During my 20’s, I had many shallow attempts of trying to get / pull my
life together. I married someone I didn’t love, I moved several times,
I had another child, I changed jobs, you name it. Finally the pressure
of “trying” to do the right thing got to me and I left my children and
my husband to pursue a new “life”. I thought “well that didn’t work,
so fuck it, let me drink and just BE”  I just wanted everyone to leave
me alone. Which they did, I alienated everyone after I left my husband
and my kids. My children, my parents, my friends and my co workers.
Everyone was worried about me and kept asking why I just stop
drinking! I carried a of resentment about that, so I spent the next 8
years drinking until my heart’s content. I didn’t have anyone telling
me not too so I thought I was living the good life. Thank God, I had
enough sense not to drink and drive so I became quite the hermit. I
went to work and came home to drink. I didn’t care about anything else
in the world. My beer and my huggie became just an extension of
myself. I could not and WOULD not live with out it.
I met a man when I was 34 who didn’t drink and what did I do but marry
him! He was fun and liked to laugh. I don’t think he realized that
drinking was such a high priority in my life but we fell into a pretty
good relationship at first. We went camping and I began doing some of
the stuff that I loved again. For a while it was fine, until his anger
showed up. The pattern was like this ... he raged and I drank. We had
some of the most horrific fights that I have ever had with anyone. He
did say one thing to me once that really hit a deep spot and made a
light go on. “Why are you drinking your children’s life away? You are
missing so much”. Through the tears, I realized he was right. I ended
up going to my first treatment center in 2004.  I did it for my kids
and so that my family would get off my back. I actually stayed sober
for 19 months w/o any help of a program so it was only a matter of
that I started drinking again. We were planning a Halloween party and
since I had been such a good girl, I was playing on drinking that
night. The week leading up to the party, I was practically salivating
daily at the thought of my upcoming drink.  Gosh, that night I drank
like I had never drank before and drank for the next 2 years like
someone was going to take it away from me. I ended up going into
another treatment center to get my husband off my back again. I went
to some AA meetings but I thought you guys were weird and couldn’t
imagine why someone would want to talk about their problems!!!
Needless to say, I didn’t stay sober very long.
I ended up leaving my husband to go live in an efficiency apartment.
Finally! I could drink like I wanted to drink. My drinking over this
time was really starting to effect my health. I had numerous trips to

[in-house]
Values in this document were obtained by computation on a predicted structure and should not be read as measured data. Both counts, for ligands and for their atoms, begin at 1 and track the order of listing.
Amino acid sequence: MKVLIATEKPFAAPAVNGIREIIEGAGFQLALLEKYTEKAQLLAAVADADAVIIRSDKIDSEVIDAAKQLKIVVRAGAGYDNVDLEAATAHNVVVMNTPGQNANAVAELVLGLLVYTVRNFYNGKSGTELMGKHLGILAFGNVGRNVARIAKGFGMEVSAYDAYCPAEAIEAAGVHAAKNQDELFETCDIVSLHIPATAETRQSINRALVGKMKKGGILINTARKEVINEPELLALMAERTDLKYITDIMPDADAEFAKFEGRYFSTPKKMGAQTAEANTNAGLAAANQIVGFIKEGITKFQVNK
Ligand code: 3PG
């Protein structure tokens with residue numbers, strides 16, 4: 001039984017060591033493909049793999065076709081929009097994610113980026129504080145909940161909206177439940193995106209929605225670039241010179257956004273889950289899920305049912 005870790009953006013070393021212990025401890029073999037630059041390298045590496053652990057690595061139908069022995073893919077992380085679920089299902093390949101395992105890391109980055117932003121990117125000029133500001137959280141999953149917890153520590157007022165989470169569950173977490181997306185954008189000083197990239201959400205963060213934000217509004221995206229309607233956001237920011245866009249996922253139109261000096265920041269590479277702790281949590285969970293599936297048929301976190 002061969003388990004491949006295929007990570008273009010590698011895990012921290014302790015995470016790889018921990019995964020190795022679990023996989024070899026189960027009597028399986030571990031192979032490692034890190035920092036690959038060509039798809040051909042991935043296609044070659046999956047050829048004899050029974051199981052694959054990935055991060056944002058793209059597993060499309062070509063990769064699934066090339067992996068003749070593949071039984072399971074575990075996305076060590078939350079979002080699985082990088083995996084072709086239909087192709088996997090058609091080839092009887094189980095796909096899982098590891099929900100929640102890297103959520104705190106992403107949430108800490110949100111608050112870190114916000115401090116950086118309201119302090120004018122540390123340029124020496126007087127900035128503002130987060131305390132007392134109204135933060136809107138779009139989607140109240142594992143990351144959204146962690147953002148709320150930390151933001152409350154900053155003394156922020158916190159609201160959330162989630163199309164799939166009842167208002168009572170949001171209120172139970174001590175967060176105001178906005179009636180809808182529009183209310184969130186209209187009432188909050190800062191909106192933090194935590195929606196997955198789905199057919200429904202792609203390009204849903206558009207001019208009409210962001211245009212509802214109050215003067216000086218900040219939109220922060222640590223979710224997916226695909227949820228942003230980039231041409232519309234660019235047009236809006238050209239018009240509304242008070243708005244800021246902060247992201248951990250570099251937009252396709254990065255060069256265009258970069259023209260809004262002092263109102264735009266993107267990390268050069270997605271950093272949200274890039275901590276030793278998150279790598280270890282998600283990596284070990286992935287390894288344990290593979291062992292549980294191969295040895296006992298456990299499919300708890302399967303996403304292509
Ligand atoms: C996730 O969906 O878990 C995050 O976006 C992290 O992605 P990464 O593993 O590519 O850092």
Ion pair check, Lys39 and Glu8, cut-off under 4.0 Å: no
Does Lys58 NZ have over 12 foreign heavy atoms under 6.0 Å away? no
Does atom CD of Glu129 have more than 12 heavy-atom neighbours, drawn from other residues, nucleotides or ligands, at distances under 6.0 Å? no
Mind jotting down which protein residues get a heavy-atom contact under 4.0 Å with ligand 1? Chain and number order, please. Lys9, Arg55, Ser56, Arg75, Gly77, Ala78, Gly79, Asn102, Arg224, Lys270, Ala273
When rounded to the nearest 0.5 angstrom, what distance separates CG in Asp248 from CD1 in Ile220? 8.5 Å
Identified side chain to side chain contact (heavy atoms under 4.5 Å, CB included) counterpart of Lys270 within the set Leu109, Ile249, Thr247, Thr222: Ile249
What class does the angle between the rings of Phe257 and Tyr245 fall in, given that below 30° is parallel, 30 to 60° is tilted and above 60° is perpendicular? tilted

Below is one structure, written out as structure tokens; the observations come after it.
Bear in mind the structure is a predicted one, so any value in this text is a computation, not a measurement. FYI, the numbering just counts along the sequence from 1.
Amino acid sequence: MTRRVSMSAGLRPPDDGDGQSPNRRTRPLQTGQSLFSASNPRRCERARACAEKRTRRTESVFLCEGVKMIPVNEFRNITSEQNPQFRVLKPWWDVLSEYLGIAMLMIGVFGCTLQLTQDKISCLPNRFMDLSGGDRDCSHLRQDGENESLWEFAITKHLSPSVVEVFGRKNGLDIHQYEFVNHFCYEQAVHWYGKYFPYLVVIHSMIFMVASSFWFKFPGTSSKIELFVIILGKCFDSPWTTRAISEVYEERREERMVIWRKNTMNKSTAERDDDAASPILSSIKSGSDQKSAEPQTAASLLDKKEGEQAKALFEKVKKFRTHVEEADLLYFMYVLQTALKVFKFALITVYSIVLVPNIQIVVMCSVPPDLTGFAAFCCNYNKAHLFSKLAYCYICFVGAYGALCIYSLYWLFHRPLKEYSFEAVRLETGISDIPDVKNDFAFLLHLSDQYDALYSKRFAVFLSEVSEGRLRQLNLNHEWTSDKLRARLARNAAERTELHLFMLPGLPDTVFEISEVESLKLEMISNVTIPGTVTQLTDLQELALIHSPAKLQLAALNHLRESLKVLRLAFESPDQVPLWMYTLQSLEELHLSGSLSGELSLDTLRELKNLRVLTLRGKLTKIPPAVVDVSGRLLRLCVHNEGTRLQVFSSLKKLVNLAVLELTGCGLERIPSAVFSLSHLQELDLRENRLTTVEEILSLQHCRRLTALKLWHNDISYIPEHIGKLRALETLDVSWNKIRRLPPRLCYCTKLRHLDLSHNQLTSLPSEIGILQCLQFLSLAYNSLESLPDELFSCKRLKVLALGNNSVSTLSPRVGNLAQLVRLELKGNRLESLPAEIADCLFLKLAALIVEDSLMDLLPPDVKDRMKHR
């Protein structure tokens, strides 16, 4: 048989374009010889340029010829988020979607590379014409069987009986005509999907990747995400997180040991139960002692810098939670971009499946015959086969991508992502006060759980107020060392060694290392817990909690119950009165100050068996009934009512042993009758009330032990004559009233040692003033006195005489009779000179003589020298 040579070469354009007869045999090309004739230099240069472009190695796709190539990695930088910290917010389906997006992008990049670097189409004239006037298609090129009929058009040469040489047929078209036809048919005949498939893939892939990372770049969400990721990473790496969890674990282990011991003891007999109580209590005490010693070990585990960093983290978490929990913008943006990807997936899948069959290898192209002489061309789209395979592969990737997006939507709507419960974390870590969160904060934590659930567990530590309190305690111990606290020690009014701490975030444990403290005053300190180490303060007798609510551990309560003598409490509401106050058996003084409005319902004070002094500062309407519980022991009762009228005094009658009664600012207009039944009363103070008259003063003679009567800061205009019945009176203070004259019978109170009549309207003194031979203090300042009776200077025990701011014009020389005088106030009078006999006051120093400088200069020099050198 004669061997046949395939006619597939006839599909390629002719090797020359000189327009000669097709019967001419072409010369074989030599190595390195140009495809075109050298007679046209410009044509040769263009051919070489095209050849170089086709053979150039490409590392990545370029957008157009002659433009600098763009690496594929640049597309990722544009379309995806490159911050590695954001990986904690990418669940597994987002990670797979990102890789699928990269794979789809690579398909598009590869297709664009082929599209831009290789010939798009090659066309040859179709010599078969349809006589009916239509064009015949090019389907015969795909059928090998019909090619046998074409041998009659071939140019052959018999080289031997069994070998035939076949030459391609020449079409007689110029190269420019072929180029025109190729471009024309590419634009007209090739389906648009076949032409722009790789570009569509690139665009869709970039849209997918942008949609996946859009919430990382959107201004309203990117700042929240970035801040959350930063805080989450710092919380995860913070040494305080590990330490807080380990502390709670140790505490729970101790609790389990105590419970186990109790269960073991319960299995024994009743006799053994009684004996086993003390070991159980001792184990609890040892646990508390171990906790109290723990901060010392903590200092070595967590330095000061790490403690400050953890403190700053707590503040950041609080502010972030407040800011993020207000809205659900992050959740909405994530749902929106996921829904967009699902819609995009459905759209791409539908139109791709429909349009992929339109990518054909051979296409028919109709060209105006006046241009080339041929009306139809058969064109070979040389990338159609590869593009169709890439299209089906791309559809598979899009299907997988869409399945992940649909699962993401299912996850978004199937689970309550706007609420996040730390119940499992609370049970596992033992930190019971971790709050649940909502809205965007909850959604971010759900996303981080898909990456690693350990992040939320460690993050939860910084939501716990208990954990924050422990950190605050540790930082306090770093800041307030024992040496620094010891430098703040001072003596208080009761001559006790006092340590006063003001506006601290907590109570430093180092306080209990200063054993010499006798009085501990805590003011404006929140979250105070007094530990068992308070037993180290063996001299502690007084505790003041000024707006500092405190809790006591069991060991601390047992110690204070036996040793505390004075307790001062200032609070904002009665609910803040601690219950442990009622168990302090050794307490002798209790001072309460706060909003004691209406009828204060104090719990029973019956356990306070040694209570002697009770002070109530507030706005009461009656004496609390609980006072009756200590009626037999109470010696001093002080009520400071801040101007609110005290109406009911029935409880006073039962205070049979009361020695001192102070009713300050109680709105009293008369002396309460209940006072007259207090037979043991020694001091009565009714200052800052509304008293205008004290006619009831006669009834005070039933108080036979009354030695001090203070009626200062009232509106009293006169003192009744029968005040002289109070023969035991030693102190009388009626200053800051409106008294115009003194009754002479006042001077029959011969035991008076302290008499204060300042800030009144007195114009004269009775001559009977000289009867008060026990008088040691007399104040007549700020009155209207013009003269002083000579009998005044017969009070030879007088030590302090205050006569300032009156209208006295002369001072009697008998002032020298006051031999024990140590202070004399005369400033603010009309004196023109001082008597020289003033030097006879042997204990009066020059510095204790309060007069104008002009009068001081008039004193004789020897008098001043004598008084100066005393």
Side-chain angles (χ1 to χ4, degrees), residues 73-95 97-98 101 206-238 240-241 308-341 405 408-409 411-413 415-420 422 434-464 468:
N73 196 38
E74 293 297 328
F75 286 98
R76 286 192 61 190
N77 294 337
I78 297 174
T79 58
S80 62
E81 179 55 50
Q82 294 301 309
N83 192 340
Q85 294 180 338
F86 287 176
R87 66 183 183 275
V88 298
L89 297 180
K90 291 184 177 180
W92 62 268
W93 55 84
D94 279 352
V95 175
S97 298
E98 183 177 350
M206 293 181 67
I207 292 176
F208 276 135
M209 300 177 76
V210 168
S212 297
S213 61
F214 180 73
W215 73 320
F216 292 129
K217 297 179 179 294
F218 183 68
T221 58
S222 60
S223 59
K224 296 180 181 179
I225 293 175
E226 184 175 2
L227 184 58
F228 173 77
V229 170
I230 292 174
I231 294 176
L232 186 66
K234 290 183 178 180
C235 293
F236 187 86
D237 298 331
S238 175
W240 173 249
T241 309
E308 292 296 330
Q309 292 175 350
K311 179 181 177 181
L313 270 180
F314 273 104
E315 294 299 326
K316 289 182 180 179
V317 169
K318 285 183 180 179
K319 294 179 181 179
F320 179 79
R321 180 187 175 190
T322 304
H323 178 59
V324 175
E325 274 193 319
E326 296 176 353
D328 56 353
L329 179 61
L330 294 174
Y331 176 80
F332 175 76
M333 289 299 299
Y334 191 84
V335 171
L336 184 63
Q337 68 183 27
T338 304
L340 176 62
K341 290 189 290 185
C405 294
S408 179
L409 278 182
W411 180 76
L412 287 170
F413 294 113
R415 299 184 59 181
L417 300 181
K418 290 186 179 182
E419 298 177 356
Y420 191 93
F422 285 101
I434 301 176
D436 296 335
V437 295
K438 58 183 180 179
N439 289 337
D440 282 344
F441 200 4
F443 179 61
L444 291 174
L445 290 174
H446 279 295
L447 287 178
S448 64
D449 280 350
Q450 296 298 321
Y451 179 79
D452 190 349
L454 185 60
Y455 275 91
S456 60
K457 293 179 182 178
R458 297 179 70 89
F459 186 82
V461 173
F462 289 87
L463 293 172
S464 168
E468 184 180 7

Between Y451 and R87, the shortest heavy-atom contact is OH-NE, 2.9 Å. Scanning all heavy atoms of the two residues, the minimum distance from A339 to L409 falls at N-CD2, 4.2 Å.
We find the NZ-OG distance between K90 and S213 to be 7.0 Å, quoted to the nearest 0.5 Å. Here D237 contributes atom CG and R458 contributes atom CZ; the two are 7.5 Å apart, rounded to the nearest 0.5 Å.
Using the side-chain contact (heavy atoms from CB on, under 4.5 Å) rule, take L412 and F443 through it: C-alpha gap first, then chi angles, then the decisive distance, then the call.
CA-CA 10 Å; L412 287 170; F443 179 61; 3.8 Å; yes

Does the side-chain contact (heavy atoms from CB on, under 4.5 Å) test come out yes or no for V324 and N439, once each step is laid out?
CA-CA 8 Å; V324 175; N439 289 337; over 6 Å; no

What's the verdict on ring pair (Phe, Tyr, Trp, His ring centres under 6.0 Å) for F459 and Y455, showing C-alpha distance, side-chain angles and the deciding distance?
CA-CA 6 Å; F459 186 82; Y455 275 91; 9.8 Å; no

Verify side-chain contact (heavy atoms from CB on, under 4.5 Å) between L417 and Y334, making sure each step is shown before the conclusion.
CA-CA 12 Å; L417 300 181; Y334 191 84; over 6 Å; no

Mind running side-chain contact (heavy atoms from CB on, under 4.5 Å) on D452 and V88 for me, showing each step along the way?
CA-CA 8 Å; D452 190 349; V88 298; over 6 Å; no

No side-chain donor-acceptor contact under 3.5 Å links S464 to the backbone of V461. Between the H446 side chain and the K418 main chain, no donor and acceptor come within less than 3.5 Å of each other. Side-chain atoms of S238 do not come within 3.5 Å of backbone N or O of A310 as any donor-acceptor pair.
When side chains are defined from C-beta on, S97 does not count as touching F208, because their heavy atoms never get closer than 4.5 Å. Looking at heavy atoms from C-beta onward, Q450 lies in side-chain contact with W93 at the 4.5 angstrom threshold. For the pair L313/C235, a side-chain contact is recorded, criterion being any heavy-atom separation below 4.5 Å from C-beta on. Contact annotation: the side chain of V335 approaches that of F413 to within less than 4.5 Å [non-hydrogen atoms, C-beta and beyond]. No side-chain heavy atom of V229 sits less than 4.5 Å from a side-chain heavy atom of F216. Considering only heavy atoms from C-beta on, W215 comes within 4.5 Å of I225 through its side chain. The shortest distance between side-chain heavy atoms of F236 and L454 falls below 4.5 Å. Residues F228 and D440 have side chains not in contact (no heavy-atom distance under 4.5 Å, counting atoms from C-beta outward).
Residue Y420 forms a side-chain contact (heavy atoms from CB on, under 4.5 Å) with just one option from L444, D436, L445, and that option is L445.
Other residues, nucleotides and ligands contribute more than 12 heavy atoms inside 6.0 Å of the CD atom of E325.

the hospital for DT’s. I was throwing up every day just so I could
drink more and my diet consisted of beer, peanut butter crackers and
peanuts. At this point, I became scared for my life. I knew I was very
very sick. Looking in the mirror was dreadful. I stopped going to
work, I wouldn’t answer the door for friends. I was definitely at that
jumping off point. I couldn’t stop drinking but I was killing myself
with it. New Years Day 2008, I finally got angry. I was angry at my
best friend, my can of beer for betraying me. I was shaking so bad
that morning, throwing up, trying to drink, I began throwing my beer
cans against the wall after I finished each one. Gosh I was so sick. I
remember so clearly being so angry, lost and panicked. What was I
going to do? I packed up my bags and went to stay at my
still-husband’s house to dry out. I made it 3 days and began drinking
again. But this time, I really  knew in the bottom of my heart what I
had to do. I called a friend who I knew had been in recovery.  I
wanted her to come get me and take me to rehab. It took 20 days to
make that happen and with the help of her and another one of her
friends, I finally got approval for a 30 day program @ New Life Lodge.
This would be my third rehab and I was determined to make it stick. At
New Life, I was given a big book and a 12 and 12 and really threw
myself into recovery. I had hope again. I could see again. My life
took on new meaning. I wanted my life back. Other than a slip this
past May I have experienced the best life that I could ever imagine.
My daughters respect me again and want to spend time with me. I spend
a lot of time with my Mom and actually enjoy it which is a real
miracle. I carried around so much guilt and shame I couldn’t be in the
room with them for more than 30 minutes. The real deal was I couldn’t
stand ME around them. Today, having been through the steps, and with
the help of people in the rooms, I was able to release most of that
junk. I have found a beautiful relationship with my creator and I am
living my life to the best of my ability under his guidance and care.
I can’t say enough wonderful things about AA. I think I was living my
whole life trying to be a part of something, not really knowing who I
was. Today I do and also have been gifted the tools of the program to
be a usefully and happily whole human being. For that I will be
eternally grateful. I don’t run from my problems today, I have a
chance to look @ them and examine them with the help of God, my
sponsor and people in the rooms. I love me and I love my life today
and I owe it all to God and to this program.
thank you for letting me share my story  - Jennifer